Moblog - Community conversation on photography, literacy and group narratives.

"Moblogs are sites where people can upload mobile phone photographs and engage in social interactions. Web based media allow for users to become producers as well as media consumers. What role do the photographs play in the process of communication that occurs in moblogs? How do the everyday media practices that arise in such sites reveal what consumers make of the media they consume? When people communicate in moblogs, they draw on conventions used in mass media such as advertising, television, films, and newspapers, as well as snapshot photography and in photograph albums. The article argues that mobloggers remix and transform these conventions into a new vernacular, by remediating oral and visual modes of communication."

Gary introduced me to the world of Moblogging when I suggested a group or peer photo conversation idea I wanted to pitch to the university. He suggested that I think about how this could work in my own practise.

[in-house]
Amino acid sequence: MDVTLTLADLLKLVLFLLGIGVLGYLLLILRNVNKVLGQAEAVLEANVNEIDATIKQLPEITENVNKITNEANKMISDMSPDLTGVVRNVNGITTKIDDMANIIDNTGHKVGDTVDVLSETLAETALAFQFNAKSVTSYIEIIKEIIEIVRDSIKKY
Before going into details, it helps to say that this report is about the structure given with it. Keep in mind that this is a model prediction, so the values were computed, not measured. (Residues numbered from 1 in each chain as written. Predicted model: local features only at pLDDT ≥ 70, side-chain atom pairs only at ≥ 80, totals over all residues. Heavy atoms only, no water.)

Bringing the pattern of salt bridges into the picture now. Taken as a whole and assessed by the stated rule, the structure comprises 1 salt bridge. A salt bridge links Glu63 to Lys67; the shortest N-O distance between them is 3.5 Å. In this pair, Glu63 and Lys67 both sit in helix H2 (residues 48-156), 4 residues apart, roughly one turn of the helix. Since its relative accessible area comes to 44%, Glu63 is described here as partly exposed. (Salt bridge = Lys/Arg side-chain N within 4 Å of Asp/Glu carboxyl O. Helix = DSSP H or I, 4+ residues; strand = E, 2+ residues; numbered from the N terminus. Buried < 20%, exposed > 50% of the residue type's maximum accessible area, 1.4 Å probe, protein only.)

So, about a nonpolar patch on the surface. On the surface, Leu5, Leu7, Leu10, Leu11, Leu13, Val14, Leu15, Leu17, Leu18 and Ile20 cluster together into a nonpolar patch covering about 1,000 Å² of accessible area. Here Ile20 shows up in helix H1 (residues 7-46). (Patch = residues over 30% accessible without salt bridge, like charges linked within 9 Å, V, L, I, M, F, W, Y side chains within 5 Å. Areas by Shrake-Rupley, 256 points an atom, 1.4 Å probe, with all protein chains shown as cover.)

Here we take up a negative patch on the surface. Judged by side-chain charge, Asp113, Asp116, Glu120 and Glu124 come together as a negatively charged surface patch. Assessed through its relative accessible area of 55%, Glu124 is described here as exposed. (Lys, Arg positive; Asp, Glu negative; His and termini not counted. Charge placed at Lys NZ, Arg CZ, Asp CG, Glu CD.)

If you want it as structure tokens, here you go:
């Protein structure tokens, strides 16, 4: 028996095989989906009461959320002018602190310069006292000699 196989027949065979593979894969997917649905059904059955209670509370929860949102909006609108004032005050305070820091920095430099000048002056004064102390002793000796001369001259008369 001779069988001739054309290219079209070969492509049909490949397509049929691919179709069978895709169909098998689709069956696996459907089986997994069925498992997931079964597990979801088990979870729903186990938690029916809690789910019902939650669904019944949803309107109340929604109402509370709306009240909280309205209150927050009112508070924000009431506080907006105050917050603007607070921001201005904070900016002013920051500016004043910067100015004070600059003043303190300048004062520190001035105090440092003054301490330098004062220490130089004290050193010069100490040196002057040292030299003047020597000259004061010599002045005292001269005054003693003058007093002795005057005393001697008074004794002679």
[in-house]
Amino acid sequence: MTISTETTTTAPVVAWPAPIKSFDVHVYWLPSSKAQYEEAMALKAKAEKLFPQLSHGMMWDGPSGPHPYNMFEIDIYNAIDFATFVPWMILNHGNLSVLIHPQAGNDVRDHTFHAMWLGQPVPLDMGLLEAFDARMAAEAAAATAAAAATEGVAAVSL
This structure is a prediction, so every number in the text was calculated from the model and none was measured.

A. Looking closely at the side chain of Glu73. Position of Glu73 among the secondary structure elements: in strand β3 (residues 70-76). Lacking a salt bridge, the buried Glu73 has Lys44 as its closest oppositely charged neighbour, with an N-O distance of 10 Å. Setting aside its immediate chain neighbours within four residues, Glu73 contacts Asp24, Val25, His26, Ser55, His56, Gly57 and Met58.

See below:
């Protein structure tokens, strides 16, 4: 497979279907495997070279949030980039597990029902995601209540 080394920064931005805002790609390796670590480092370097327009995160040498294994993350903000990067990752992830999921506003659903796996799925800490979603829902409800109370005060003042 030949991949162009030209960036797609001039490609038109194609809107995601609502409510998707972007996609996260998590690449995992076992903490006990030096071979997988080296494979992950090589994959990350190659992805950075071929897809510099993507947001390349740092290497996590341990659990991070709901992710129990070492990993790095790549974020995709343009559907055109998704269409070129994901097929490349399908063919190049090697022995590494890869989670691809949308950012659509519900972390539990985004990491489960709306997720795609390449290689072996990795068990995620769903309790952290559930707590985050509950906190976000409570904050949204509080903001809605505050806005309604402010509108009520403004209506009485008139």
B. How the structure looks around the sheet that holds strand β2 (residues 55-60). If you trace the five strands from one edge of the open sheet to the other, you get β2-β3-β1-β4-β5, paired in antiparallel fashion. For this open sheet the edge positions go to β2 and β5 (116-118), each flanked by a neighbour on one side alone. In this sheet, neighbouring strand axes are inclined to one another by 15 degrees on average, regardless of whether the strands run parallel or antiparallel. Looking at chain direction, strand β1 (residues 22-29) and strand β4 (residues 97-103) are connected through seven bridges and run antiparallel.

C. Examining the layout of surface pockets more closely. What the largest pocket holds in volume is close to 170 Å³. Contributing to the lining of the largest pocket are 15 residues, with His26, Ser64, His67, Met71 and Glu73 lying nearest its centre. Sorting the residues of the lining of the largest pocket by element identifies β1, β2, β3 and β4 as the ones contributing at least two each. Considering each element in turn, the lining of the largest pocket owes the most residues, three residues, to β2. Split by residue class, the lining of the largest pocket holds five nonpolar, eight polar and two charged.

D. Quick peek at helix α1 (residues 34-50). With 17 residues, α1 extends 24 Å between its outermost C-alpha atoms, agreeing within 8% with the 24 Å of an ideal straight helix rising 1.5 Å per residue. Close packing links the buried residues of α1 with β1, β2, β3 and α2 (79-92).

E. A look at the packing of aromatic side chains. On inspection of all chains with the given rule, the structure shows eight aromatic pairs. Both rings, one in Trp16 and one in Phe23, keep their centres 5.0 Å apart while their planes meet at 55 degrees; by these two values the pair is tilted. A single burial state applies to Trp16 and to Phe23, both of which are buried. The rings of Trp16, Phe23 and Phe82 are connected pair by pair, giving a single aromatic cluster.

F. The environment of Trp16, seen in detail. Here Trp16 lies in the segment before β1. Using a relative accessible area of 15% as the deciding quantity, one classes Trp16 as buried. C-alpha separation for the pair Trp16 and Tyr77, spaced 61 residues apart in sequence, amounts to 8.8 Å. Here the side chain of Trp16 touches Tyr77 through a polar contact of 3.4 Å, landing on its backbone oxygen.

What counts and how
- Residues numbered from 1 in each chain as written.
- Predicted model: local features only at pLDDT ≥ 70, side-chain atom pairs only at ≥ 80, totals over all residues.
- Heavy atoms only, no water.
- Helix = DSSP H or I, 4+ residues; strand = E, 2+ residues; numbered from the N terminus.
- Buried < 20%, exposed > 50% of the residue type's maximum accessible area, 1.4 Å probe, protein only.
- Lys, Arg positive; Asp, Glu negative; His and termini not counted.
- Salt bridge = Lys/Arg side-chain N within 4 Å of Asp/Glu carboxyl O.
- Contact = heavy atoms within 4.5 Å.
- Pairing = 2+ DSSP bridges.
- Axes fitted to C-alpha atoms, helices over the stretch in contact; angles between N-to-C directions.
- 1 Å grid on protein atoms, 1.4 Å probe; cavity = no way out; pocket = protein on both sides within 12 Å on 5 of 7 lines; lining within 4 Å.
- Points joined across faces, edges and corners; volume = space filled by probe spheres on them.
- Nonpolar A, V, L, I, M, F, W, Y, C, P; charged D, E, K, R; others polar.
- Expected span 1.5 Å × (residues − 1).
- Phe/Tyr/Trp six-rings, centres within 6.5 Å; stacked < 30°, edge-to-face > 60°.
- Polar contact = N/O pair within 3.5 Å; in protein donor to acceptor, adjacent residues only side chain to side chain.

Certainly the idea of a continuous conversation where new images are produced and new thoughts are expressed is something very exciting to me. It confirms the ideas I spoke about previously when talking about how "reflective nostalgia does not follow a single plot but explores ways of inhabiting many places at once, and imagining different time zones".

This then led onto thoughts about to experience different time zones at the same time. We had a guest conversation with Nhung Walsh a few weeks ago where at the end we did a group selfie. This could have been seen as a photograph from different time zones at once. 

 A "group" photo -  Gary McLeod

A "group" photo - Gary McLeod

The Moblog shares upon ideas of visual literacy and the authorship of the image. On reflection of visual literacy and exactly what is meant by that, I have realised that since the start of this masters programme, my visual literacy has increased more than I had thought. The way I talk about images and project ideas has become far more eloquent and concise than I ever used to be able to communicate.